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Fort Astoria former fortified trading post in Oregon, USA

Fort Astoria was the primary fur trading post of John Jacob Astor's Pacific Fur Company (PFC). A maritime contingent of PFC staff was sent on board the Tonquin, while another party traveled overland from St. Louis. This land based group later became known as the Astor Expedition. Built at the entrance of the Columbia River in 1811, Fort Astoria was the first American-owned settlement on the Pacific coast.

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Robert Stuart (explorer) American fur trader

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Gabriel Franchère Canadian explorer

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Wickaninnish was a chief of the Tla-o-qui-aht people of Clayoquot Sound in the 1780s and 1790s, at present-day Vancouver Island, British Columbia, Canada, during the opening period of European contact with the Pacific Northwest Coast cultures. His main name is also transliterated Wickaninish, Wickananish, Wikinanish, Huiquinanichi, Quiquinanis, and he was also known as Hiyoua.

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<i>Enterprise</i> (1855) 19th-century steamer on the Columbia and Fraser rivers in Northwest America

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Michel Laframboise was a French Canadian fur trader in the Oregon Country that settled on the French Prairie in the modern U.S. state of Oregon. A native of Quebec, he worked for the Pacific Fur Company, the North West Company, and the Hudson’s Bay Company before he later became a farmer and ferry operator. In 1843 he participated in the Champoeg Meetings, which though he voted against the measure to form a provisional government, the measure passed and led to the creation of the Provisional Government of Oregon.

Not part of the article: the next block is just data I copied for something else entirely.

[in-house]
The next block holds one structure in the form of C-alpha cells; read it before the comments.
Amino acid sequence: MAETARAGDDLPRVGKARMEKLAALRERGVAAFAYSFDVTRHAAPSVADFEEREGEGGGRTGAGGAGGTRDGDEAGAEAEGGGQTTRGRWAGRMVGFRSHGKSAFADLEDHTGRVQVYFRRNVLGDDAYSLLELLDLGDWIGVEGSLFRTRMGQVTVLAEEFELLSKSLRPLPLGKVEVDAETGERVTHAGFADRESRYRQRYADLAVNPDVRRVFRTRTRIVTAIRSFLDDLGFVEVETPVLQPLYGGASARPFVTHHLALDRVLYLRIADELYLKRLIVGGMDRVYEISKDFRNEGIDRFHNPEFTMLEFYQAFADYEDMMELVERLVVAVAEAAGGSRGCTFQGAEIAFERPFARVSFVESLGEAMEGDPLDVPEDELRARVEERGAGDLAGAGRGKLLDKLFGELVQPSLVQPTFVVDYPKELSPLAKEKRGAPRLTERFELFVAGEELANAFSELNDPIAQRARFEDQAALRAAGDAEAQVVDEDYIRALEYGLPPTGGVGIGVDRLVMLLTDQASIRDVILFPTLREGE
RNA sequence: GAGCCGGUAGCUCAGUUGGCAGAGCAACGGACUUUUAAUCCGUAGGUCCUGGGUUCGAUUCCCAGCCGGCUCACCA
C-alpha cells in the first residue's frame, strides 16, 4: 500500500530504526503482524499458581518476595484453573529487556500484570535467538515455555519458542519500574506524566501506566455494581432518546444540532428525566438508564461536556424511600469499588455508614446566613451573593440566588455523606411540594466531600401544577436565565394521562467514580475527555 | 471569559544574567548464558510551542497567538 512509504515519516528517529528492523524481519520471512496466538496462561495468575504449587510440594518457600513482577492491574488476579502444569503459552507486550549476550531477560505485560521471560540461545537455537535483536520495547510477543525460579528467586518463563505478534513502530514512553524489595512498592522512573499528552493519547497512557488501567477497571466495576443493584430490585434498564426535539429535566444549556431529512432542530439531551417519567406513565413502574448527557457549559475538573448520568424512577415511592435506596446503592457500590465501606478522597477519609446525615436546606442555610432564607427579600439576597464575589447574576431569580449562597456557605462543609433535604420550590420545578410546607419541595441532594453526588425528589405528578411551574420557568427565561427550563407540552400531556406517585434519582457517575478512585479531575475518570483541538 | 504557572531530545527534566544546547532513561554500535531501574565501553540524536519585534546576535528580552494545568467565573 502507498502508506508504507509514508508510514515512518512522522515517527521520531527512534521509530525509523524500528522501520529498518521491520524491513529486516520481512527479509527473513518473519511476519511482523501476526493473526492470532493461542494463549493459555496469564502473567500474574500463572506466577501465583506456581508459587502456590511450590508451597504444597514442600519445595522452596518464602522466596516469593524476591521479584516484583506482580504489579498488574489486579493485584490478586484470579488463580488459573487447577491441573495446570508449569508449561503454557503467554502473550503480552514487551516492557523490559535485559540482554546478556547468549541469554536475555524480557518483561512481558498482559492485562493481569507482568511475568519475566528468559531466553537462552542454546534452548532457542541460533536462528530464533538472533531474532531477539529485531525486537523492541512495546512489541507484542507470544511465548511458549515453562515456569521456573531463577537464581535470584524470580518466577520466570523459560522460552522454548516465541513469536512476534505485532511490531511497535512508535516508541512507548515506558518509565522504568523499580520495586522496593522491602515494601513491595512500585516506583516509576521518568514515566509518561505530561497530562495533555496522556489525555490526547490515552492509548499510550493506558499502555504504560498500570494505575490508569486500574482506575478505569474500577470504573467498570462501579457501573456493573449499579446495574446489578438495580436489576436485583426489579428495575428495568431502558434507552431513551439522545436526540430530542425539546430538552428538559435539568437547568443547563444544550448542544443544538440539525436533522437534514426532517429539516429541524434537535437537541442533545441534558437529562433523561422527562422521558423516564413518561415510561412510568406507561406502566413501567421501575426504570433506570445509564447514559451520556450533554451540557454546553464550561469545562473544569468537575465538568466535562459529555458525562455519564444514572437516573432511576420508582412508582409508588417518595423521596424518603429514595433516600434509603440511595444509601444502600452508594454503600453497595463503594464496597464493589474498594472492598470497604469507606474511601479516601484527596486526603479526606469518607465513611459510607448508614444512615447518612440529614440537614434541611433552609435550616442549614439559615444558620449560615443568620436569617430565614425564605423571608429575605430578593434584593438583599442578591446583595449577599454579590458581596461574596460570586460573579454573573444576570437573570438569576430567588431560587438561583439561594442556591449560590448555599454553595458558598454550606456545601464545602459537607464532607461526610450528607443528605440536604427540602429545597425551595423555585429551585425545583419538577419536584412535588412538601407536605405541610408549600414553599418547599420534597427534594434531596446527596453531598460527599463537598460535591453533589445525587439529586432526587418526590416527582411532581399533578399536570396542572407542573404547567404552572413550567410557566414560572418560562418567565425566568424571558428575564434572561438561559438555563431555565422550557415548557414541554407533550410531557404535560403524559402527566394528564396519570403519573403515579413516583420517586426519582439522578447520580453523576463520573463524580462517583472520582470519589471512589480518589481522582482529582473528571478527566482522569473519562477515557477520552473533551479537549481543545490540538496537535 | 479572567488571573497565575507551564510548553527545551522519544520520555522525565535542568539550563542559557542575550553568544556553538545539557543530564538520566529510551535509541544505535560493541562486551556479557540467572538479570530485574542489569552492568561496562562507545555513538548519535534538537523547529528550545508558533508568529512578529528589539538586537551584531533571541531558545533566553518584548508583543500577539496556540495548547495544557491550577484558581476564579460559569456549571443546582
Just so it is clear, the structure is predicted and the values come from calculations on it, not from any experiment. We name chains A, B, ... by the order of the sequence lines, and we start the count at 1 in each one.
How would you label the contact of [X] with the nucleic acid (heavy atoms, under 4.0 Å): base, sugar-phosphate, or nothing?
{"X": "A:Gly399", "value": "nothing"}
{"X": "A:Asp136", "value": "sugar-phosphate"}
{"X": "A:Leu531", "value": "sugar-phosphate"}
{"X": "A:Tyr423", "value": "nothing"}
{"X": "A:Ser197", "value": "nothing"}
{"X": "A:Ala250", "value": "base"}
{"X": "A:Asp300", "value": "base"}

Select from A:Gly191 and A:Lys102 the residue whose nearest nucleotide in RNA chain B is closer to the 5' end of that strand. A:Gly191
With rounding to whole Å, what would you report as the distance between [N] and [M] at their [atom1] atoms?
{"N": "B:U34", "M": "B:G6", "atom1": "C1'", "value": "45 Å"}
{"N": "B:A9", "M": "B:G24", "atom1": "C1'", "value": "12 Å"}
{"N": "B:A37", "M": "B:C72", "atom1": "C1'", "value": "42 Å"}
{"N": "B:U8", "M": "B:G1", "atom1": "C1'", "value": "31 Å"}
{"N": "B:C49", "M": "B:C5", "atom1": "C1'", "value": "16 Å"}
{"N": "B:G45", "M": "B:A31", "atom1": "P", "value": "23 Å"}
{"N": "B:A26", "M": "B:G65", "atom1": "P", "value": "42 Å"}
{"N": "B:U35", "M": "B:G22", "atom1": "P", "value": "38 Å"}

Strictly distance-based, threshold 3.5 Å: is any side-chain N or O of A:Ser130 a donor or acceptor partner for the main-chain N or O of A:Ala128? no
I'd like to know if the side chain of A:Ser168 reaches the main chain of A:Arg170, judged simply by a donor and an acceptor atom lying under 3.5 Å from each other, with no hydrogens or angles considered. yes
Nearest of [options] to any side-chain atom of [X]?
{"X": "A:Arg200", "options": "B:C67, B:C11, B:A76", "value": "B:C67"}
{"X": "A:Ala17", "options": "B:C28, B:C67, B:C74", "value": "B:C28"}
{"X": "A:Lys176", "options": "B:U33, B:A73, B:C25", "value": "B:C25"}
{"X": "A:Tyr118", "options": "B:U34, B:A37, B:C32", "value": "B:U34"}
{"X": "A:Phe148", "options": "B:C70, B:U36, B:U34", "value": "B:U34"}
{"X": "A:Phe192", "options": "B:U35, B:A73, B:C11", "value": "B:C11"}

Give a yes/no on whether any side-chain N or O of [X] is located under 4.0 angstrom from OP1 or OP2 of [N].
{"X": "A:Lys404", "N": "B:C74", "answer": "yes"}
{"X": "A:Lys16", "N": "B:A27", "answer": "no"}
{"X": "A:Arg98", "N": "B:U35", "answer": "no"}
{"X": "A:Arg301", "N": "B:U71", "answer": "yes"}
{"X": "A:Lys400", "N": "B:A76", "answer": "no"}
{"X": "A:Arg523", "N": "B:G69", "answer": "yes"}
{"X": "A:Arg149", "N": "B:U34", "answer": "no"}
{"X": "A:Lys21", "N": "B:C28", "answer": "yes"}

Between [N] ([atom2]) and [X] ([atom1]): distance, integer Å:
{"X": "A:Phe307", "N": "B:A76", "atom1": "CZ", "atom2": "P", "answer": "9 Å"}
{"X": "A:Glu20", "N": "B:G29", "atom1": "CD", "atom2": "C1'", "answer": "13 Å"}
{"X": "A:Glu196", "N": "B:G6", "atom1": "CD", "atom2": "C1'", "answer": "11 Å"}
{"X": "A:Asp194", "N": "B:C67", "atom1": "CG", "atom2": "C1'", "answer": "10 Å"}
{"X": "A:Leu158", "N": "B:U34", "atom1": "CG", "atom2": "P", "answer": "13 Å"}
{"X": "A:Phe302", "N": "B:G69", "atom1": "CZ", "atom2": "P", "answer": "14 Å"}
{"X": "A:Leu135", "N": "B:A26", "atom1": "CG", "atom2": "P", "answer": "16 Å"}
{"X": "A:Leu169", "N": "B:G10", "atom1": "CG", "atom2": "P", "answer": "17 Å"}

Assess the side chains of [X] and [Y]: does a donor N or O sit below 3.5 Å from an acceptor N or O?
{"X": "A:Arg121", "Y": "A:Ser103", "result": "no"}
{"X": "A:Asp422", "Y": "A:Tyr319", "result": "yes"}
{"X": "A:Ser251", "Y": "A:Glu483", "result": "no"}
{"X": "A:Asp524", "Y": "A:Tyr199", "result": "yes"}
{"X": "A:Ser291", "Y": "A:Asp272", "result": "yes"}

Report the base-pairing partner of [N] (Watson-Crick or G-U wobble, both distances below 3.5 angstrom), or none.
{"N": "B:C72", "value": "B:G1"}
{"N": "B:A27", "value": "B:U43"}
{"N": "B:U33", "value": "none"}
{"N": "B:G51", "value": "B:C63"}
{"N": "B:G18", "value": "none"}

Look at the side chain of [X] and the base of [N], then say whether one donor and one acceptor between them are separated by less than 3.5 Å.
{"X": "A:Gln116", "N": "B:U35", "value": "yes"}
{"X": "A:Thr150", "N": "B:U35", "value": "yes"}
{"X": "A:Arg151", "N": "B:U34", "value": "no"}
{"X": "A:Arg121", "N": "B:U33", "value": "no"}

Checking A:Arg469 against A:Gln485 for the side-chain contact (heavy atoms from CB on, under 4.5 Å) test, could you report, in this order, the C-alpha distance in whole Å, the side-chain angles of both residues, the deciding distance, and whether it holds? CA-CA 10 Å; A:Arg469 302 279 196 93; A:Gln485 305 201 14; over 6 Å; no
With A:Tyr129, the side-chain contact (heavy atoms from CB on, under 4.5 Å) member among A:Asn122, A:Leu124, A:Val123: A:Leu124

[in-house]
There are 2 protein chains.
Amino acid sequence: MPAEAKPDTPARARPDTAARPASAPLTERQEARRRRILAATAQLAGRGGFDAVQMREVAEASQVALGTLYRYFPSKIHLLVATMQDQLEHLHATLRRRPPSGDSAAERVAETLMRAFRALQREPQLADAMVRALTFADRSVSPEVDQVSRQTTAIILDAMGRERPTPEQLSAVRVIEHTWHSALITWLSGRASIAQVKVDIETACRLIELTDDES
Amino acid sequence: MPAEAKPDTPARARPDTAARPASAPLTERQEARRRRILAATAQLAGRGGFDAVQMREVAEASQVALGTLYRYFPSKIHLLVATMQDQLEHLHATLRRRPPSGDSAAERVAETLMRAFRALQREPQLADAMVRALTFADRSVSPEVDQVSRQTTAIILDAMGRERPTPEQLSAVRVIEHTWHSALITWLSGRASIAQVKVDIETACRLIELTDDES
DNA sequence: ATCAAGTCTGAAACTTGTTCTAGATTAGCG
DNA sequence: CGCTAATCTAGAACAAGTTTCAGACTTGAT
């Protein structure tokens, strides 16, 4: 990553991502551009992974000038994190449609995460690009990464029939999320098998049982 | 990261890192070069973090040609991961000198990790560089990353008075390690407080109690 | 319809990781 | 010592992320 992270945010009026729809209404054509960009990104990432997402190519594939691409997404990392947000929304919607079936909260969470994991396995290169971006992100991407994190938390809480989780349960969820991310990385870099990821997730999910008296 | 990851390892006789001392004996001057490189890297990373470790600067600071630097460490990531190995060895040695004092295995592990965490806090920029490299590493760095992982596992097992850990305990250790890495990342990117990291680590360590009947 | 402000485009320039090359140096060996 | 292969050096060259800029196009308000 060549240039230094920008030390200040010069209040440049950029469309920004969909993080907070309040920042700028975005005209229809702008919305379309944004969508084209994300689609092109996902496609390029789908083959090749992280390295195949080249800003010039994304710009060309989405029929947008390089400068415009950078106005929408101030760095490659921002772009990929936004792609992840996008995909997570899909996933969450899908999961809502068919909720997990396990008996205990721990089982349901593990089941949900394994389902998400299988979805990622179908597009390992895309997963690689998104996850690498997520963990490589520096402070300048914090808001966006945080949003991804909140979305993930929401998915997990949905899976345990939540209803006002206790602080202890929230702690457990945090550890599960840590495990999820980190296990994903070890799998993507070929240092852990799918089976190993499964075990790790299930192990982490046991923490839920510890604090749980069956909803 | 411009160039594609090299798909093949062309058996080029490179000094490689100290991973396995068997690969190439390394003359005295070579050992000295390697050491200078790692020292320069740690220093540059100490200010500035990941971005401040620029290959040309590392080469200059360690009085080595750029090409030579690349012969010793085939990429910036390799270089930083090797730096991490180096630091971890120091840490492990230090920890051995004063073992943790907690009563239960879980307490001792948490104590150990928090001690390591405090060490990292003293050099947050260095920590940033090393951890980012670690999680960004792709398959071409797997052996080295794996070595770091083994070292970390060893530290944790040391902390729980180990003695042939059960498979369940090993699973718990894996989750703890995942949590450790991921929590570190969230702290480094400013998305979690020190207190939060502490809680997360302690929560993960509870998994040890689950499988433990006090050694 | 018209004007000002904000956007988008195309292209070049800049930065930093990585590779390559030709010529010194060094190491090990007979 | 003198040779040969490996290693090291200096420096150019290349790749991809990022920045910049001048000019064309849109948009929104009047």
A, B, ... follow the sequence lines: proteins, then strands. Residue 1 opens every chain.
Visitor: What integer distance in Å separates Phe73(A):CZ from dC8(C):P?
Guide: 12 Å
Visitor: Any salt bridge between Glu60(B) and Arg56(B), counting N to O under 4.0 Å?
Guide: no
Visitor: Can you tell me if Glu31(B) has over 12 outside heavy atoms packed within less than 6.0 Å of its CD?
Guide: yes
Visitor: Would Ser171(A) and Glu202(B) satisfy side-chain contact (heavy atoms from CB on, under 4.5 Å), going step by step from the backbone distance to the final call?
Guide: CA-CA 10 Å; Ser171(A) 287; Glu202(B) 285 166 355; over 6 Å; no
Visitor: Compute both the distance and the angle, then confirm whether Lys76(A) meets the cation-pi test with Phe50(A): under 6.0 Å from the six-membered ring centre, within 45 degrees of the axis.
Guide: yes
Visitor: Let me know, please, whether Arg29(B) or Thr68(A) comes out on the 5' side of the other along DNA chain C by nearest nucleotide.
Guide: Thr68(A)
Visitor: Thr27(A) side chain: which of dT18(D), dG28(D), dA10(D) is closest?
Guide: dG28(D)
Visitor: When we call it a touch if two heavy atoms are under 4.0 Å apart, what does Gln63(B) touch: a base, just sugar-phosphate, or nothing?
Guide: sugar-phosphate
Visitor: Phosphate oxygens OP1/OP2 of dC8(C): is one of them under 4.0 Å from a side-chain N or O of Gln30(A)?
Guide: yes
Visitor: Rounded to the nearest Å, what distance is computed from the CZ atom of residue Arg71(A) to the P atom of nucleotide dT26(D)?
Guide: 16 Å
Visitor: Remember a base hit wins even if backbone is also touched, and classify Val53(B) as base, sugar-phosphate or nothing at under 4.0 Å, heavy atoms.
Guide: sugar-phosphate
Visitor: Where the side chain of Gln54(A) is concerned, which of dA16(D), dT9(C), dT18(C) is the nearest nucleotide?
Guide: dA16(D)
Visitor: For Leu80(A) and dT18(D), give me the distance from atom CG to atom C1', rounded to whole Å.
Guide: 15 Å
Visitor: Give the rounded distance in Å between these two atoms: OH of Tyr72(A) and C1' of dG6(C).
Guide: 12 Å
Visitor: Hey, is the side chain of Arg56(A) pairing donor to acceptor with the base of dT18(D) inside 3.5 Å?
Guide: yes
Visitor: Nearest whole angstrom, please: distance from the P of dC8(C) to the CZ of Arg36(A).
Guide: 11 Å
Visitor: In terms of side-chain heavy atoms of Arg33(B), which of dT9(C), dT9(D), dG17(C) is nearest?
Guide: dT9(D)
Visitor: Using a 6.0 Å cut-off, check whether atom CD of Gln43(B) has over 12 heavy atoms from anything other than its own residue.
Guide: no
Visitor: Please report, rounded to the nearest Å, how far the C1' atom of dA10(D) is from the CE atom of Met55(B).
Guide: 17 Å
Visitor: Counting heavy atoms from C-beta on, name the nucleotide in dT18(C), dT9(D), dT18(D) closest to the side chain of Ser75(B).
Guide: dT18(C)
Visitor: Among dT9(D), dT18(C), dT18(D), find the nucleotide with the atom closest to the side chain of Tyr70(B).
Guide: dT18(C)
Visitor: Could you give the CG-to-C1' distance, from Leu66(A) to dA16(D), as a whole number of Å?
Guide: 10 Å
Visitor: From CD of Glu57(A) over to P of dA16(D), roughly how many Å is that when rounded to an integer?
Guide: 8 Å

Battle of Woody Point

The Battle of Woody Point was an incident in western Canada in June 1811 involving the Tla-o-qui-aht natives of the Pacific Northwest and the Tonquin, an American merchant ship of the Astor Expedition. The vessel had traveled to Clayoquot Sound off Vancouver Island to trade for furs. Following an argument begun during the bartering, the Tla-o-qui-aht captured the vessel and massacred most of the crew; one remaining sailor then scuttled her by detonating the powder magazine.

Ovide de Montigny was a French-Canadian fur trapper active in the Pacific Northwest from 1811 to 1822.

Joseachal was a Quinault man who lived in the early 19th century. Notably he was the sole survivor of the Tonquin, a trading vessel owned by the Pacific Fur Company that was destroyed near Vancouver Island. He was hired to act an interpreter for the vessel in negotiations with various Nuu-chah-nulth peoples. Enraged at the prices that the Tla-o-qui-aht insisted upon, captain Jonathan Thorn struck an elder with a pelt. After purchasing PFC blades, the Tla-o-qui-aht attacked and killed the crew. Only Joseachal survived to reach Fort Astoria to inform the PFC officers of the Tonquin's destruction.

François Benjamin Pillet was a French-Canadian fur trapper active in the Pacific Northwest in the early 19th century, primarily employed by the Pacific Fur Company.